• Stress your brand: Stand out from the competition by clearly defining your mission as a company. People want to feel that they are a part of something bigger than themselves. Effectively branding yourself may entice others to join your team. Part of your branding process might be allowing new hires to have some input regarding their schedules. Millennials, in particular, have a high desire for work-life balance, and the ability to be flexible with their schedules will go a long way in your negotiations.
  • Offer creative compensation: Look beyond the salary you offer and consider offering an attractive benefits package that includes ample time off, health care benefits, and some sort of profit sharing. Virtually every new physical therapy graduate asks about loan repayment programs. Consider offering a cash payment toward a student loan in 3-, 5-, and 10-year increments.
  • Capitalize on technology to target ideal candidates: Take the time to write a compelling ad for any opening you might have, and then utilize several outlets to publish it. LinkedIn, Indeed.com, and even Facebook are great places to start.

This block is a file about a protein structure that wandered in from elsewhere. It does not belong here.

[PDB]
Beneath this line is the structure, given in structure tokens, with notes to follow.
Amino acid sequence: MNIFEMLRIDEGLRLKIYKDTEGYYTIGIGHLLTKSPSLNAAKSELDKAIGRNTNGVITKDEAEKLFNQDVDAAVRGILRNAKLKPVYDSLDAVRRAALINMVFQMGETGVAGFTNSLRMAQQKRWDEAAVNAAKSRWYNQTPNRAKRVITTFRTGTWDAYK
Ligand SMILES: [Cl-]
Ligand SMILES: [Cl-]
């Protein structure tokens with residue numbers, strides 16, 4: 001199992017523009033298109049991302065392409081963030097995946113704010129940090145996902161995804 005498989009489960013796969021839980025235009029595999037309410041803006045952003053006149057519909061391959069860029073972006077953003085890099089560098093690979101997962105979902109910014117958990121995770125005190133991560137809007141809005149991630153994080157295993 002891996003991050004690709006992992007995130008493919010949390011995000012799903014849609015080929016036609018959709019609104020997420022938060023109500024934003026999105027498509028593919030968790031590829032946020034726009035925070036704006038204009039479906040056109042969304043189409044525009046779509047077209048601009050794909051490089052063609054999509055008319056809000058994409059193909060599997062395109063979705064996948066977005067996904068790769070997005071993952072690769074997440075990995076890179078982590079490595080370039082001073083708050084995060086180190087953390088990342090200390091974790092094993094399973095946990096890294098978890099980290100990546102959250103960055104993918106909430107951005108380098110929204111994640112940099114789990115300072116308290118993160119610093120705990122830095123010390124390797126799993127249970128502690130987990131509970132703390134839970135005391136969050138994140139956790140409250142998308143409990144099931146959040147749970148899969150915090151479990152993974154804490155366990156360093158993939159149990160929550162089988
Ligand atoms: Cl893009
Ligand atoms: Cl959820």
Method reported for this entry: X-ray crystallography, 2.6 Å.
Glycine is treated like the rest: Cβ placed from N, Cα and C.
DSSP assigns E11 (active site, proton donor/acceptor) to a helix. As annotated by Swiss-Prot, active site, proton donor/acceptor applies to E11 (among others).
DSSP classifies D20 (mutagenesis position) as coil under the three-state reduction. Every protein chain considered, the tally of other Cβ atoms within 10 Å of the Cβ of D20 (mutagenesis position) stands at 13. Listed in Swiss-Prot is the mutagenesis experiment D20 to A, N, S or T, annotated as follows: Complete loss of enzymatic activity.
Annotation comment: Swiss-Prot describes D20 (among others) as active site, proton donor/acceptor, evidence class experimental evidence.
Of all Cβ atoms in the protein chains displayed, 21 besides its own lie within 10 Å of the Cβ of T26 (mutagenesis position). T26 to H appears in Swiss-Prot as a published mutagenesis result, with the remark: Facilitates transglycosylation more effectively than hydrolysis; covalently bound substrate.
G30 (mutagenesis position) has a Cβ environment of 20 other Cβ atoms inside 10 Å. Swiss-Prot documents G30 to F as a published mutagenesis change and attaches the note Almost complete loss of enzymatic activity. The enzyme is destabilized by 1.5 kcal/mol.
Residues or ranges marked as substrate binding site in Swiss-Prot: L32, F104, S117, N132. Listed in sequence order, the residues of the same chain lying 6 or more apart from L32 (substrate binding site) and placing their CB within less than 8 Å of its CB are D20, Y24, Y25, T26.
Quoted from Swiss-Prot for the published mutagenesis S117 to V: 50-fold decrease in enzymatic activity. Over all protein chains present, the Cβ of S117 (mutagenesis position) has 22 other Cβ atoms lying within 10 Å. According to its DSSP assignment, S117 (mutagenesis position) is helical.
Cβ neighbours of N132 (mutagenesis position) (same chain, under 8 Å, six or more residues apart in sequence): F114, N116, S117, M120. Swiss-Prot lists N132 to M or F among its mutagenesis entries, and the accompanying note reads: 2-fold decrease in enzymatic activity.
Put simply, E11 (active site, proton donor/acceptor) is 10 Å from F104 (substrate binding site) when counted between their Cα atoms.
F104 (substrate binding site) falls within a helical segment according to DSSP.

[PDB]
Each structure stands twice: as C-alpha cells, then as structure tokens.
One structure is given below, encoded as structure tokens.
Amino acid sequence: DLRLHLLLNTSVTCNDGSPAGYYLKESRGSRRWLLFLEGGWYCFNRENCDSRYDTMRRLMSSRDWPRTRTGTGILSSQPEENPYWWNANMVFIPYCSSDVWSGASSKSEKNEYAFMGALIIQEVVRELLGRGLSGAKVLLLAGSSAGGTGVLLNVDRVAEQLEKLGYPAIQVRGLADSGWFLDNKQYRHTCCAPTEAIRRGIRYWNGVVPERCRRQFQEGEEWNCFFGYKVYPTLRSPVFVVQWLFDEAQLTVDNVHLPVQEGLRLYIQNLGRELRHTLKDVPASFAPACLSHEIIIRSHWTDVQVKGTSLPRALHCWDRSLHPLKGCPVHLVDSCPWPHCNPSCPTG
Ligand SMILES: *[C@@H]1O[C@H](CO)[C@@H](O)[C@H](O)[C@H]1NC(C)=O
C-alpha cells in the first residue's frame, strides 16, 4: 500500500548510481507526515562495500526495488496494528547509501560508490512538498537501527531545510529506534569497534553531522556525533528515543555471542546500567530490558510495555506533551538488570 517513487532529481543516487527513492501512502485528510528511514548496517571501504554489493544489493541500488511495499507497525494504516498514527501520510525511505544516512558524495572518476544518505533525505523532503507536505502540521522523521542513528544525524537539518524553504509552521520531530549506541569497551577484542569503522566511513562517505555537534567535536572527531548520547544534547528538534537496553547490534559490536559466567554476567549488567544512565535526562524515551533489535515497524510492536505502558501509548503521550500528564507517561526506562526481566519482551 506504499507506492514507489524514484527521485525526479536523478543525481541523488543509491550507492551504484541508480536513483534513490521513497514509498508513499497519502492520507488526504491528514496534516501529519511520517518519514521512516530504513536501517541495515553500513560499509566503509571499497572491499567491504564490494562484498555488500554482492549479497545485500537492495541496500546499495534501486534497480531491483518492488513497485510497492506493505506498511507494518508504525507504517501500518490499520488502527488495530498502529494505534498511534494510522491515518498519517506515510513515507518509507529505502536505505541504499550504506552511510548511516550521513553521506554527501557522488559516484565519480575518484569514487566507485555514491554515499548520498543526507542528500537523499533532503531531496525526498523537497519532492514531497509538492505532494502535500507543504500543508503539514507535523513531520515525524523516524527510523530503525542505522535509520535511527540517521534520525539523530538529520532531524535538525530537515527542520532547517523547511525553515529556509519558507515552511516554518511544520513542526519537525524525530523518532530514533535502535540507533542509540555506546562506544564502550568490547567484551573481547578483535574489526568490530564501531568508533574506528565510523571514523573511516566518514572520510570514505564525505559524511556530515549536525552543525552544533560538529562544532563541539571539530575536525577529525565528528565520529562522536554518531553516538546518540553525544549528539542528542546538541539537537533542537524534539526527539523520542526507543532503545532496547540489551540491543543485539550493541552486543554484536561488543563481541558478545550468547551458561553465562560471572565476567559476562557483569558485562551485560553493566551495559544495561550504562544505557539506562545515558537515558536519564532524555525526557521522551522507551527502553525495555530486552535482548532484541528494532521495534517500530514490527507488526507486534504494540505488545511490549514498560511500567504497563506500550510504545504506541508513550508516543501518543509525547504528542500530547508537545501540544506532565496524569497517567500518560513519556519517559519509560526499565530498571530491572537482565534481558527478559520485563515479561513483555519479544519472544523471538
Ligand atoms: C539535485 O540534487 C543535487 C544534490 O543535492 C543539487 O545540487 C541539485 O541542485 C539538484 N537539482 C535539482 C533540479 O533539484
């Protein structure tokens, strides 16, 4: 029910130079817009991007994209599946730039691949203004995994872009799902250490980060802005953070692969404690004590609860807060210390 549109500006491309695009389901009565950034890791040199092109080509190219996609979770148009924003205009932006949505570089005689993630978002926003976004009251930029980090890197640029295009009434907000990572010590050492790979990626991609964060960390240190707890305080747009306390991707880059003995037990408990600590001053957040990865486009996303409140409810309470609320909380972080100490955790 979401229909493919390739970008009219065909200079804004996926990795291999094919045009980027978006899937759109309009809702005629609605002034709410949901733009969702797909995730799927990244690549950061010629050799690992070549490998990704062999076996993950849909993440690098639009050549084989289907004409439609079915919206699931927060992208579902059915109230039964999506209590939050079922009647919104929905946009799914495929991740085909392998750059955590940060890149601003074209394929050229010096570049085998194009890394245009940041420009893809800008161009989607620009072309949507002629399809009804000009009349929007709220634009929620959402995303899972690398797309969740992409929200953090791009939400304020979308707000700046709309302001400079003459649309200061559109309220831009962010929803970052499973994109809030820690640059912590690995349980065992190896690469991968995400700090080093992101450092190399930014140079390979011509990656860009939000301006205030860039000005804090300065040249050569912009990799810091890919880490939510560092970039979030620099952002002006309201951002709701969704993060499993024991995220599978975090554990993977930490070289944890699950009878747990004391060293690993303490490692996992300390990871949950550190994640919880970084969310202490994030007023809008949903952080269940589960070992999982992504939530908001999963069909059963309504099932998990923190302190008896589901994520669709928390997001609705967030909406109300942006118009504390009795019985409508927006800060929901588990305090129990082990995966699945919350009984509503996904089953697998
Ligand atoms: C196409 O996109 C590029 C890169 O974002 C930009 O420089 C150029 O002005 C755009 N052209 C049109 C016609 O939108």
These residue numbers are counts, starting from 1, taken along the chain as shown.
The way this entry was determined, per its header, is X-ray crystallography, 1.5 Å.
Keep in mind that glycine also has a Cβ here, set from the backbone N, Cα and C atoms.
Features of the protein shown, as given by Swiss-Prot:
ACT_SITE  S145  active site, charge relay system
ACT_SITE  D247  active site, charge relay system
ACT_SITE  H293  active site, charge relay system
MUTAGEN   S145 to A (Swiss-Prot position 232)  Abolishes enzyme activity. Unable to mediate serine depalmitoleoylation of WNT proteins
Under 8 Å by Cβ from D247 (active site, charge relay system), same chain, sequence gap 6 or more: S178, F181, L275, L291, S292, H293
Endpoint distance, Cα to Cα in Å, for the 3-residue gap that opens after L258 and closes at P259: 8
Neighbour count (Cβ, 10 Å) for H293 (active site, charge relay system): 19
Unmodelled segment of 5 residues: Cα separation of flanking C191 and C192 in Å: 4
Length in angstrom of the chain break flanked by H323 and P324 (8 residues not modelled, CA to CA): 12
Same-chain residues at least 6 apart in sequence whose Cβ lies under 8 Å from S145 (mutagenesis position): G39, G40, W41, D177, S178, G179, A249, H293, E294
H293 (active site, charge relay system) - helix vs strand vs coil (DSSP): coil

Now that you’ve recruited your dream candidate, it’s crucial that you have a positive and thorough onboarding process. This process is much more than making sure your new employee knows how to get into your electronic medical record (EMR) system, and what their schedule is; it is your best opportunity to orient them to your company’s values, internal marketing strategies, and your expectations of them. I actually begin talking about these things in the interview process so there are no surprises down the road. We want our new staff members to feel like part of the team, and we want to minimize any unnecessary stress that arises when we are unclear about expectations and culture.